RANGOON — Domestic private banks hope to issue “easy travel” Visa debit cards to local account holders by the end of year, industry sources told The Irrawaddy this week, in an effort to ease outbound travel for Burmese citizens.
Though foreign holders of prepaid cards issued by Visa, MasterCard and China UnionPay have been able to make payments with the cards in the local market since the end of last year, Burmese nationals have only recently been offered a similar convenience when travelling outside the country.
That service began on Oct. 1, when Co-Operative (CB) Bank became the first domestic lender to issue internationally accepted prepaid MasterCards to local account holders.
Now, rival Visa is getting in on the action in Burma.
Quoting Pe Myint, managing director of CB Bank, the local news outlet Mizzima reported that private banks are negotiating with Visa to issue such prepaid cards, with CB Bank expected to make them available before Burma hosts the Southeast Asian Games in December.
Zaw Lin Htut, senior manager of Kanbawza Bank, said his company is also preparing to launch international travel cards through Visa and MasterCard by the end of the year, though the lender does not aim to have the service on offer ahead of the SEA Games, which will take place from Dec. 11-22.
“We’re now planning to issue two internationally accepted cards, Visa and MasterCard. At the moment though, we still can’t issue such cards,” Zaw Lin Htut said, adding that the plan is pending required updates to local banking systems.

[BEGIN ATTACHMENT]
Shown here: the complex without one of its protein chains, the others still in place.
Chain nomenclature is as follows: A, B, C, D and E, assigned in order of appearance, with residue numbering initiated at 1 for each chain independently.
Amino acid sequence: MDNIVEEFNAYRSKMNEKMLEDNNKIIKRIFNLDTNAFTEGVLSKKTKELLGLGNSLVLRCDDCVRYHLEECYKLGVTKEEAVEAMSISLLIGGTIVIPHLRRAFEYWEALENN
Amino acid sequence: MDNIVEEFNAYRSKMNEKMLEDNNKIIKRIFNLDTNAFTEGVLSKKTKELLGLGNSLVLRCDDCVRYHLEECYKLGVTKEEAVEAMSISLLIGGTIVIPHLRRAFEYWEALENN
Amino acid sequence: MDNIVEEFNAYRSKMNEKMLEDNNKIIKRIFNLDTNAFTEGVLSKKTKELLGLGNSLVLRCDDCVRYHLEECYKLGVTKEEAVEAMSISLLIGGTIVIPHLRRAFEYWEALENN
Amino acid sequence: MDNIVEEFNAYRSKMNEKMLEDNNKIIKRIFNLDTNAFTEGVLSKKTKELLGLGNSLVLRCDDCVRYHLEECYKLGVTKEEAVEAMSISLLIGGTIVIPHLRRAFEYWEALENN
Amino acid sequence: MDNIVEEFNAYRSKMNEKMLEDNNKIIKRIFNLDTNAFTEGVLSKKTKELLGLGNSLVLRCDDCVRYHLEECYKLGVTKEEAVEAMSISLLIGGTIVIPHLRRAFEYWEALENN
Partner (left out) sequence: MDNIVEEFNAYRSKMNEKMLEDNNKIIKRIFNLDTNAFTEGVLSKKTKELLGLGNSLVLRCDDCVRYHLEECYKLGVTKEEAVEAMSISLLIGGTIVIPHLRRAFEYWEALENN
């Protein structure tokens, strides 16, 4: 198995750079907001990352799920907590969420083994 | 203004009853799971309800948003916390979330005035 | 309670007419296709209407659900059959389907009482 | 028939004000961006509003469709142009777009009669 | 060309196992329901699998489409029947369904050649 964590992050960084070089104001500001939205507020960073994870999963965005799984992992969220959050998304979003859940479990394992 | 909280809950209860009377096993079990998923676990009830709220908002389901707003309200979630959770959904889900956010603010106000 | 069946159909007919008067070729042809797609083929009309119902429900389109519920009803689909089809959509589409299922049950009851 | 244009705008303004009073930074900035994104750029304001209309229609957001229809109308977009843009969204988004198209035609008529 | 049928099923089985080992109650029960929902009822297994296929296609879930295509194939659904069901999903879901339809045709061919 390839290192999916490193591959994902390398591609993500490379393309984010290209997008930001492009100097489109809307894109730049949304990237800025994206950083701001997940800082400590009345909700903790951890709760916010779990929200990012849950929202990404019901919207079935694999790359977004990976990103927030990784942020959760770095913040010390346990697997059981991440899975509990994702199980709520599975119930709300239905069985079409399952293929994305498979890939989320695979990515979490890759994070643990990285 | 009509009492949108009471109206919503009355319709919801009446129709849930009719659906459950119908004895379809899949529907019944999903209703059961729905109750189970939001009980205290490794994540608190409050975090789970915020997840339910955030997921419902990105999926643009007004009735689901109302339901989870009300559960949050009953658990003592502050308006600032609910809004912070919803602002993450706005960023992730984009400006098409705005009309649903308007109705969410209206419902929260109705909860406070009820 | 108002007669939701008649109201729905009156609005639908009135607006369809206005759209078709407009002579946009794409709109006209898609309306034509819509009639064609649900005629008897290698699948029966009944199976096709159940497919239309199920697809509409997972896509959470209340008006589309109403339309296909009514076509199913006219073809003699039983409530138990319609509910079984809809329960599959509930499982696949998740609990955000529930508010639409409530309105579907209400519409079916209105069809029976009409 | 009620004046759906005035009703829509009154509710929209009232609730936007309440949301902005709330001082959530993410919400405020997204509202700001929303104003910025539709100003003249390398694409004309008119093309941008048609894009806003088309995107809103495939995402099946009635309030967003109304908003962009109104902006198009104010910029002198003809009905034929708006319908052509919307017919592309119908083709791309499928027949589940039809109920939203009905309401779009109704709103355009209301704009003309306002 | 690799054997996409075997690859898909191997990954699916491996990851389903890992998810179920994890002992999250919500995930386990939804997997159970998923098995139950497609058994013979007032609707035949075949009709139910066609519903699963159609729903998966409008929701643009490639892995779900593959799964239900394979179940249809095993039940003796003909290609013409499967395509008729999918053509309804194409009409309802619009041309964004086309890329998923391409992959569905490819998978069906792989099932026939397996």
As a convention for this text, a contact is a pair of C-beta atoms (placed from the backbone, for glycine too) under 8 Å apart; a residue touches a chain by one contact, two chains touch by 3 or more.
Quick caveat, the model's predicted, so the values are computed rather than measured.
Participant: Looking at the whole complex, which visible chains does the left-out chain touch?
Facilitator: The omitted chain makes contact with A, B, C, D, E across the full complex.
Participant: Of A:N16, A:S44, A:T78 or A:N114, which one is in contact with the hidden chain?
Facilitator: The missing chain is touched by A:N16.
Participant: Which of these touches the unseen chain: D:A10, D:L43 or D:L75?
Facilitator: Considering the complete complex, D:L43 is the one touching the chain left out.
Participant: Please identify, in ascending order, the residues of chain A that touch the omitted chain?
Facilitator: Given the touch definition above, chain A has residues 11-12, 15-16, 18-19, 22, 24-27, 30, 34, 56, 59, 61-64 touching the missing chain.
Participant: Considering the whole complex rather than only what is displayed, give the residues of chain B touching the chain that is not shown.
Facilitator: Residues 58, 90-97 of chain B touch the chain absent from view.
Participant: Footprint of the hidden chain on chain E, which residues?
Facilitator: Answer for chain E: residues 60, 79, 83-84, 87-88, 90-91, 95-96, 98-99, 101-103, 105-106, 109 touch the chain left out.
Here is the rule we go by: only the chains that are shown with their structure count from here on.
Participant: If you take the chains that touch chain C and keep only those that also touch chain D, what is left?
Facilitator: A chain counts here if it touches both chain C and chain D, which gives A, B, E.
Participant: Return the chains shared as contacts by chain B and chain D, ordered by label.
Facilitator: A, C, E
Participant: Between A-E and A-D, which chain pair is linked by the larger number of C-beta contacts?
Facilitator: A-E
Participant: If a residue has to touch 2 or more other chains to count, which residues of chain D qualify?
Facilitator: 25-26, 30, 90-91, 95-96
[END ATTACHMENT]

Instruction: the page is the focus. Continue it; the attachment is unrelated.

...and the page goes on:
“The MPU’s [Myanmar Payment Union] debit cards will be available during the SEA Games for foreign users,” he said, referring to a separate project of the MPU, a grouping of 14 of Burma’s 19 private banks.
That project allows MPU member banks to issue mutually accepted debit cards, but those cards do not work overseas, a limitation that has been a source of frustration for Burmese migrant workers and travelers.
The Bangkok-based daily The Nation reported on Wednesday that in future, Burmese Visa cardholders will be able to load up to three currencies—the euro, and US and Singaporean dollars—onto the card to make overseas transactions anywhere Visa is accepted, which includes tens of millions of merchants.
Sett Aung, the deputy governor of Burma’s Central Bank, confirmed that internationally accepted travel cards issued by private banks in cooperation with Visa are on the way, following CB Bank’s pioneering foray with the cards under the MasterCard logo.
The deputy governor said the government would continue working to allow foreign and local banks to eventually issue credit cards in the local market, but he added that the eventual issuance of those cards would include restrictions and guidelines in line with internationally accepted standards.
According to the Central Bank, there are 19 private banks and 18 foreign representative banks operating in Burma’s banking industry.